Not only has Marxism failed economically every time it has been tried, tens of millions died last century because of it. There always has to be an "allocator" who takes from the able and gives to the needful. The allocators are always the best connected politically so it sets up a few people who are more equal than others. Inevitably, dictatorship ensues where the productive are punished most and the allocation happens at the end of a gun.

    The fact that some people in this country, knowing what we know, would openly advocate this system makes me question their sanity and fear for my safety.

  • marxist Salt Lake City, UT
    May 16, 2014 11:35 a.m.

    "Force won't work in America." That depends on how bad things get for labor.

  • Mike Richards South Jordan, Utah
    May 16, 2014 11:10 a.m.


    Your idea has been tried and it has failed - every time.

    Unions demanded high wages for garment workers. Shirts are no longer made in the United States. Garment workers lost their jobs.

    Unions demanded high wages for auto manufacturing. Cars are made overseas or on automated assembly lines. Line workers lost their jobs.

    Just how are you going to "force" a business to overpay its workers? (Overpayment is the simple fact that every worker has a measurable value. Paying a worker more than his value is overpaying that worker. ) No business can compete if it overpays labor. Its products will become too expensive.

    Look at all the Countries in Central and South America where the government tried to force wage or price controls. What happened? Uncontrolled inflation happened - and the people suffered.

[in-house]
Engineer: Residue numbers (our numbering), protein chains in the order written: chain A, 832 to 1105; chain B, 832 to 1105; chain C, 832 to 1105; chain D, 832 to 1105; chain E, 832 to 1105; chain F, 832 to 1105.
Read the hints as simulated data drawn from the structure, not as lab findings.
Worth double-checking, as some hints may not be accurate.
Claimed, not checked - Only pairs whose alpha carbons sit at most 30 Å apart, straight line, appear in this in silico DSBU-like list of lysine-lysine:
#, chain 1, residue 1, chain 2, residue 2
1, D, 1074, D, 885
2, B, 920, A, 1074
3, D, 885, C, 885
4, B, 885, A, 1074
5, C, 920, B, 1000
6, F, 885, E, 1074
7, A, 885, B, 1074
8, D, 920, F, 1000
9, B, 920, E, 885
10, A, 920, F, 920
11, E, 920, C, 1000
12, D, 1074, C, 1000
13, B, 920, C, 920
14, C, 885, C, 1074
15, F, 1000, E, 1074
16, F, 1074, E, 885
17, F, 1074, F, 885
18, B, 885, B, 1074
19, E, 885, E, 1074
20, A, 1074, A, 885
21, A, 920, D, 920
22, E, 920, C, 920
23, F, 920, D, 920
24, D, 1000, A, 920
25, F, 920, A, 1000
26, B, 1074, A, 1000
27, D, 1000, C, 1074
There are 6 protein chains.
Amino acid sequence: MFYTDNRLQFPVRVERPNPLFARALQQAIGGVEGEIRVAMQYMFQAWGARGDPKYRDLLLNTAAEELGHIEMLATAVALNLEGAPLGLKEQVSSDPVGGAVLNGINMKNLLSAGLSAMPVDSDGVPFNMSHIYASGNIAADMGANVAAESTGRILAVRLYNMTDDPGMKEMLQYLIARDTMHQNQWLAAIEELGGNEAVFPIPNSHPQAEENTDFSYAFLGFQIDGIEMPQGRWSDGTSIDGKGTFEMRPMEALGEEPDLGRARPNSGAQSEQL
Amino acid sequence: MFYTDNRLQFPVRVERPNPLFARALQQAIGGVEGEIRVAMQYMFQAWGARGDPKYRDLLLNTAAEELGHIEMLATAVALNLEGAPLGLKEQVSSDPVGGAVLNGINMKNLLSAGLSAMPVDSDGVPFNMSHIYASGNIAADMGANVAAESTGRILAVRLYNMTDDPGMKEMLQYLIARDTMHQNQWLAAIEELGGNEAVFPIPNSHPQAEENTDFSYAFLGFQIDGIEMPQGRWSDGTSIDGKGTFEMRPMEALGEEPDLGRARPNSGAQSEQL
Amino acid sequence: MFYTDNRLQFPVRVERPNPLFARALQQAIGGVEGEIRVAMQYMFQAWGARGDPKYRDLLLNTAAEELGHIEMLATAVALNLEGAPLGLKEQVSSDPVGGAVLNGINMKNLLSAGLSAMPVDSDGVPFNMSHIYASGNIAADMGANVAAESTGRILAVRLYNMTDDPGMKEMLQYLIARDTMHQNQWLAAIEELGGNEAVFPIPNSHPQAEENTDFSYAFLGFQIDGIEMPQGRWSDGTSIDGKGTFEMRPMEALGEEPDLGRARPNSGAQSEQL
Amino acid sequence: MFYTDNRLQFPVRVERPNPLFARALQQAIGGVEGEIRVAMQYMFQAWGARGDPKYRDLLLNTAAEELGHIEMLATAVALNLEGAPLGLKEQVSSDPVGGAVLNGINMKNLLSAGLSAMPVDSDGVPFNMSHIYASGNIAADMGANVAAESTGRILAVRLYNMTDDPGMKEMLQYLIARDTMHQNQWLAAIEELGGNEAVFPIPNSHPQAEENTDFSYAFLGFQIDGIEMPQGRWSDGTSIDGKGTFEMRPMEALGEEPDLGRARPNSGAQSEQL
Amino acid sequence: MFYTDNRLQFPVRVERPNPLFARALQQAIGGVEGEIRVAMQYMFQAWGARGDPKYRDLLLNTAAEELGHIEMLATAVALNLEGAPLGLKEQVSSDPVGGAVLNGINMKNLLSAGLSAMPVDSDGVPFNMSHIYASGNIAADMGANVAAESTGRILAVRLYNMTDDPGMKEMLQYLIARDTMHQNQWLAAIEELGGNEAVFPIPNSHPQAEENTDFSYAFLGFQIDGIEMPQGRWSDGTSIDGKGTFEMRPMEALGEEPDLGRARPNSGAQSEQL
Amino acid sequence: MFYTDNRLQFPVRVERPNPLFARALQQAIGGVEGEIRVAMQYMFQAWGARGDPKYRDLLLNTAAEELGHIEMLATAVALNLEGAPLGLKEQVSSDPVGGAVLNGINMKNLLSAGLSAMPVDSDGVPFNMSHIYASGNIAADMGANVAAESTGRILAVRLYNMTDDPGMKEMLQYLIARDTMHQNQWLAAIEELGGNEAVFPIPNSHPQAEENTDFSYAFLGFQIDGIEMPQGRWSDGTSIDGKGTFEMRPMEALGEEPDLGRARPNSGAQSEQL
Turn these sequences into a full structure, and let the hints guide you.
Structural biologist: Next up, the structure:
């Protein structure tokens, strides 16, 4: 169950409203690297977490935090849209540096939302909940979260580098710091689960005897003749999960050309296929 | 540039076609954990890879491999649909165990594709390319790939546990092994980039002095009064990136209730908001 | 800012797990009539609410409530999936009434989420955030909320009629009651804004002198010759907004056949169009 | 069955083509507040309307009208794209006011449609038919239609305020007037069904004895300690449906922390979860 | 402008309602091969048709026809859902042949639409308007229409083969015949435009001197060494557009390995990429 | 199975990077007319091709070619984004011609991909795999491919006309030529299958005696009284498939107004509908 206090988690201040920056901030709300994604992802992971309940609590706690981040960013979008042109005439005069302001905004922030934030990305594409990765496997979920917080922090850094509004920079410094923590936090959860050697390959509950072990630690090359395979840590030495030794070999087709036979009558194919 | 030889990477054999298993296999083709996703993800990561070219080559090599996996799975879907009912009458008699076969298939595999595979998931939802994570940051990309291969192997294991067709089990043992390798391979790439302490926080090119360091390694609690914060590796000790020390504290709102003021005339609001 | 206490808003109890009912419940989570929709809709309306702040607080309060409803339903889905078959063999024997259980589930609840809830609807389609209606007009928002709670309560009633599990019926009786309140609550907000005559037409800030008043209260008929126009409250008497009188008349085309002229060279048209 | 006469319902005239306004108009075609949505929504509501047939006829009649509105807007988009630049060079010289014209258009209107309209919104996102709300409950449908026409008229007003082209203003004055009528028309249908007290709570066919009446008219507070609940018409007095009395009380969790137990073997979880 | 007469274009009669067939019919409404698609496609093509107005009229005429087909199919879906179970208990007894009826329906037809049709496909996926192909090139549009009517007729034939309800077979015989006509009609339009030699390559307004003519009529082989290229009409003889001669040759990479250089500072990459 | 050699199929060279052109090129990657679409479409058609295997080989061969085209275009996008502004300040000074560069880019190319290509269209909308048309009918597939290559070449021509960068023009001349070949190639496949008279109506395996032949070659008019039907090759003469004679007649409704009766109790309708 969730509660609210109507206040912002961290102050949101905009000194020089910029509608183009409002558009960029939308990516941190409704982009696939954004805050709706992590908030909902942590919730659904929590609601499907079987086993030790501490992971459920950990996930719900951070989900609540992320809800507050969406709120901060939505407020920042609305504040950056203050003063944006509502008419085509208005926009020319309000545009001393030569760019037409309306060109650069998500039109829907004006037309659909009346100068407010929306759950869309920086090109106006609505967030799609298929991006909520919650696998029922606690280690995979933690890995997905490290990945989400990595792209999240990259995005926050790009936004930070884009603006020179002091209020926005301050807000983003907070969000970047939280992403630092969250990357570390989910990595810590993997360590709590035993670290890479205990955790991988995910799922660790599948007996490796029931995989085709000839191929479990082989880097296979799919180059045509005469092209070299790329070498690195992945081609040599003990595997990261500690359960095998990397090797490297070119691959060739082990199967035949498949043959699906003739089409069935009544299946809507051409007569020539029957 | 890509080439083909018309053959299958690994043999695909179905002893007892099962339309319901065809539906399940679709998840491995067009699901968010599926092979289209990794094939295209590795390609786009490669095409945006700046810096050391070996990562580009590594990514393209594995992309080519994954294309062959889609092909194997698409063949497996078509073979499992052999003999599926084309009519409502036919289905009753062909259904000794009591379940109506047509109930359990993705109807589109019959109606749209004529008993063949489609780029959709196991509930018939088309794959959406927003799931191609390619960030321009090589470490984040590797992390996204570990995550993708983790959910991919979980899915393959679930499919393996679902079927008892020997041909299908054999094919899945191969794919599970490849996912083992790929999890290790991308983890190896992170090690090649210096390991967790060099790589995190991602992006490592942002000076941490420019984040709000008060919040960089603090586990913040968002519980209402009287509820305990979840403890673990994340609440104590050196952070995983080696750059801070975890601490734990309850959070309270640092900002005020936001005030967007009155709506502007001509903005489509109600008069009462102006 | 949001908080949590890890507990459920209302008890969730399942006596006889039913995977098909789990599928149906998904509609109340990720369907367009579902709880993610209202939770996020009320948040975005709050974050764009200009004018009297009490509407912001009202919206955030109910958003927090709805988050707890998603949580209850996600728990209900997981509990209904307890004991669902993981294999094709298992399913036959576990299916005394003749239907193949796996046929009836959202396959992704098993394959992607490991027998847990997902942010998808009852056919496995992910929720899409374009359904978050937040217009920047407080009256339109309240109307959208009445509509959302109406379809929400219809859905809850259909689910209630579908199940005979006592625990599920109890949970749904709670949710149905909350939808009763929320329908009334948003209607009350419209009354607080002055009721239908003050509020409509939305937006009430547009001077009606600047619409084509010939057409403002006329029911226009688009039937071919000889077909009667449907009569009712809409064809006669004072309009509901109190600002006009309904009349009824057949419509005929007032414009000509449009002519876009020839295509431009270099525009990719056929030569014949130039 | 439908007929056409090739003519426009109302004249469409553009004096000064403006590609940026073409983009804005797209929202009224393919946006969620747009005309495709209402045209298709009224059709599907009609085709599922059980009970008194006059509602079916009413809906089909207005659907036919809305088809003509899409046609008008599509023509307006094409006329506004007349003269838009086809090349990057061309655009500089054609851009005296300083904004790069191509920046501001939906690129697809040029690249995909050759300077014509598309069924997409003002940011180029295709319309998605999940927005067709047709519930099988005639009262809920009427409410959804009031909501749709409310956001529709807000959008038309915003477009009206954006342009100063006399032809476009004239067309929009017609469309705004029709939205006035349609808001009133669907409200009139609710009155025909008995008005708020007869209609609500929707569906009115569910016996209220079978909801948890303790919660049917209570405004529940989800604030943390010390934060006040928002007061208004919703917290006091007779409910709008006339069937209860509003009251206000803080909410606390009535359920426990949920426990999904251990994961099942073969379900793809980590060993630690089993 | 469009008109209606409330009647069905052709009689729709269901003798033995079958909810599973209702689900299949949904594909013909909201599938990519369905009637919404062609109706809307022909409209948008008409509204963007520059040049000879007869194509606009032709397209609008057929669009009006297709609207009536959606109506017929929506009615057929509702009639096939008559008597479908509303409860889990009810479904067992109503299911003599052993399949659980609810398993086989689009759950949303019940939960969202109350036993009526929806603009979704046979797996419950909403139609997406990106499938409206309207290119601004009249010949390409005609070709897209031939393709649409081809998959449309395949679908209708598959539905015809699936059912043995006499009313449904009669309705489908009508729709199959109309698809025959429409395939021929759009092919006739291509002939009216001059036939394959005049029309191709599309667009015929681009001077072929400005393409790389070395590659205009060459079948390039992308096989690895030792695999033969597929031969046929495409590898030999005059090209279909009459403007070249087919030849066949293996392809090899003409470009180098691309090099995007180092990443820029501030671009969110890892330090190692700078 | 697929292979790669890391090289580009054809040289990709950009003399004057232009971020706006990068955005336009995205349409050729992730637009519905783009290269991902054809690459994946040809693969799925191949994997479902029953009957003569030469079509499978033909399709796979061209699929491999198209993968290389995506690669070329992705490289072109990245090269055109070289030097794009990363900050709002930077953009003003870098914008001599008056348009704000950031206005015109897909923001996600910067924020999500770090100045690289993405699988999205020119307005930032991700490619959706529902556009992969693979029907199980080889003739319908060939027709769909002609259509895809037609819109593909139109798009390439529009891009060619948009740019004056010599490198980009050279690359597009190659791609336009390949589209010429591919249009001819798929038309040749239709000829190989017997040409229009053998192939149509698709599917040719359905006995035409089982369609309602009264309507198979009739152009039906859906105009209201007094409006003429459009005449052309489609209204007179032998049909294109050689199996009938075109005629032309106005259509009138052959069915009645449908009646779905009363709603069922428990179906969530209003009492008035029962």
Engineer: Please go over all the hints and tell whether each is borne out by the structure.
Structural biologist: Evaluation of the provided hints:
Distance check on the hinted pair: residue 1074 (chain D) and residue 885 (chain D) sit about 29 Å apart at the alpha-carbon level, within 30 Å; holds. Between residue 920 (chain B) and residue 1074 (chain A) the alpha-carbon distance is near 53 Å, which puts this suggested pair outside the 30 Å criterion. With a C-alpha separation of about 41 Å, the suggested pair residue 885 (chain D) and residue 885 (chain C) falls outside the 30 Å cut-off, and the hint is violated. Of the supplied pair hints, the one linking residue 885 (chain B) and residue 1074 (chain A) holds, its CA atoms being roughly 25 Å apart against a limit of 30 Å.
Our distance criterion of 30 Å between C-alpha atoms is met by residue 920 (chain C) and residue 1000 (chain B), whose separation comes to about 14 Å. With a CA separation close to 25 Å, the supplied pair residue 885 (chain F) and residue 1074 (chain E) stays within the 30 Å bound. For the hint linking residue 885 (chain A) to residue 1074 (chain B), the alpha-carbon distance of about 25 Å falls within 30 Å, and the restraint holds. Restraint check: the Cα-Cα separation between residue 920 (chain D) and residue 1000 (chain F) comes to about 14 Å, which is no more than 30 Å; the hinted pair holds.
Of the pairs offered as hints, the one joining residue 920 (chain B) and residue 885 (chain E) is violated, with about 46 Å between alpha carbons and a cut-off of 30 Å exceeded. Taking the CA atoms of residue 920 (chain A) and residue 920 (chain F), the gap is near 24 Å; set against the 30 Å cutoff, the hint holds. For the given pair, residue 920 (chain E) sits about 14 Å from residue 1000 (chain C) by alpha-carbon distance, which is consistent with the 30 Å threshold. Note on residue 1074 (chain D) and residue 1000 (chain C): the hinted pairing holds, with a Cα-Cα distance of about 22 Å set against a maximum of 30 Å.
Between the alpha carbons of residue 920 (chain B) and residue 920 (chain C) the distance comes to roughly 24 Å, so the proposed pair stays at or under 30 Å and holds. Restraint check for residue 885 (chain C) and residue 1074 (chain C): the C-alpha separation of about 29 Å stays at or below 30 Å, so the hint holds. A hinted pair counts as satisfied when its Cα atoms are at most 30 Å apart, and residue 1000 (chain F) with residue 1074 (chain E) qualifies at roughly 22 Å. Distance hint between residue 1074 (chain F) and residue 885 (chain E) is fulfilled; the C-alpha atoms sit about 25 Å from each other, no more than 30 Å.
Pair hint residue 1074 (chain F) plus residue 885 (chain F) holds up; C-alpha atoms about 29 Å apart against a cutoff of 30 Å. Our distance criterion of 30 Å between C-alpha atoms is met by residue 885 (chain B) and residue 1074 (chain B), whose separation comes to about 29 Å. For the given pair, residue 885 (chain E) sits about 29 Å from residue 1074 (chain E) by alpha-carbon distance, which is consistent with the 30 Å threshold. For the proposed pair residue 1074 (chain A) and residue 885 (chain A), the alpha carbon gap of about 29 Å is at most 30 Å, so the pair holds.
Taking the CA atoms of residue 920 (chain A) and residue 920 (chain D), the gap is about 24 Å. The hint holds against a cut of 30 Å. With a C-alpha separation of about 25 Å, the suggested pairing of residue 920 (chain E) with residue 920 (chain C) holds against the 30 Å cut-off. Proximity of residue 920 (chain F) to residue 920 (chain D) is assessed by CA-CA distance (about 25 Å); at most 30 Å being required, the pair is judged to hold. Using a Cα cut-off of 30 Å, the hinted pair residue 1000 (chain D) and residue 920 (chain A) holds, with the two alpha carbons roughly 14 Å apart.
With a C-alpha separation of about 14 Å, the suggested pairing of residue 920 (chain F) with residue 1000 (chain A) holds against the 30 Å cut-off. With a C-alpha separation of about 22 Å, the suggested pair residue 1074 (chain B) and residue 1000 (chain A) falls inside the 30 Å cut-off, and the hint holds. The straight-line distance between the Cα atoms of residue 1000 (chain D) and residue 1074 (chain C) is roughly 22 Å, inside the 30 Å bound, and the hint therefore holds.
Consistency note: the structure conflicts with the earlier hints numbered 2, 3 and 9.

Look at any businessman's spreadsheet. GOVERNMENT is the greatest cause of forcing businesses to go offshore. TAXES are lower in other countries. Businesses go where their costs are lowest - if they want to stay in business.

    The USSR failed. Force didn't work. China is a pseudo capitalistic economy. Force didn't work.

    Force won't work in America.

  • marxist Salt Lake City, UT
    May 16, 2014 10:34 a.m.

    Marx's theory in "Capital" predicts a time when capitalism becomes so efficient that the demand for labor declines permanently. But, according to Marx, since profits only come from the employment labor, the system will experience a crisis of mass unemployment and collapsed profits. A pleasant thought for you to consider.

  • marxist Salt Lake City, UT
    May 16, 2014 10:28 a.m.

    Re: Mike Richards "The "whirlpool" may have destroyed America's economy"

    So do we just take this? Do we let our children and grand children rot economically? No! It's time to try some socialism. It need not be the Soviet kind. There are other functioning examples out there.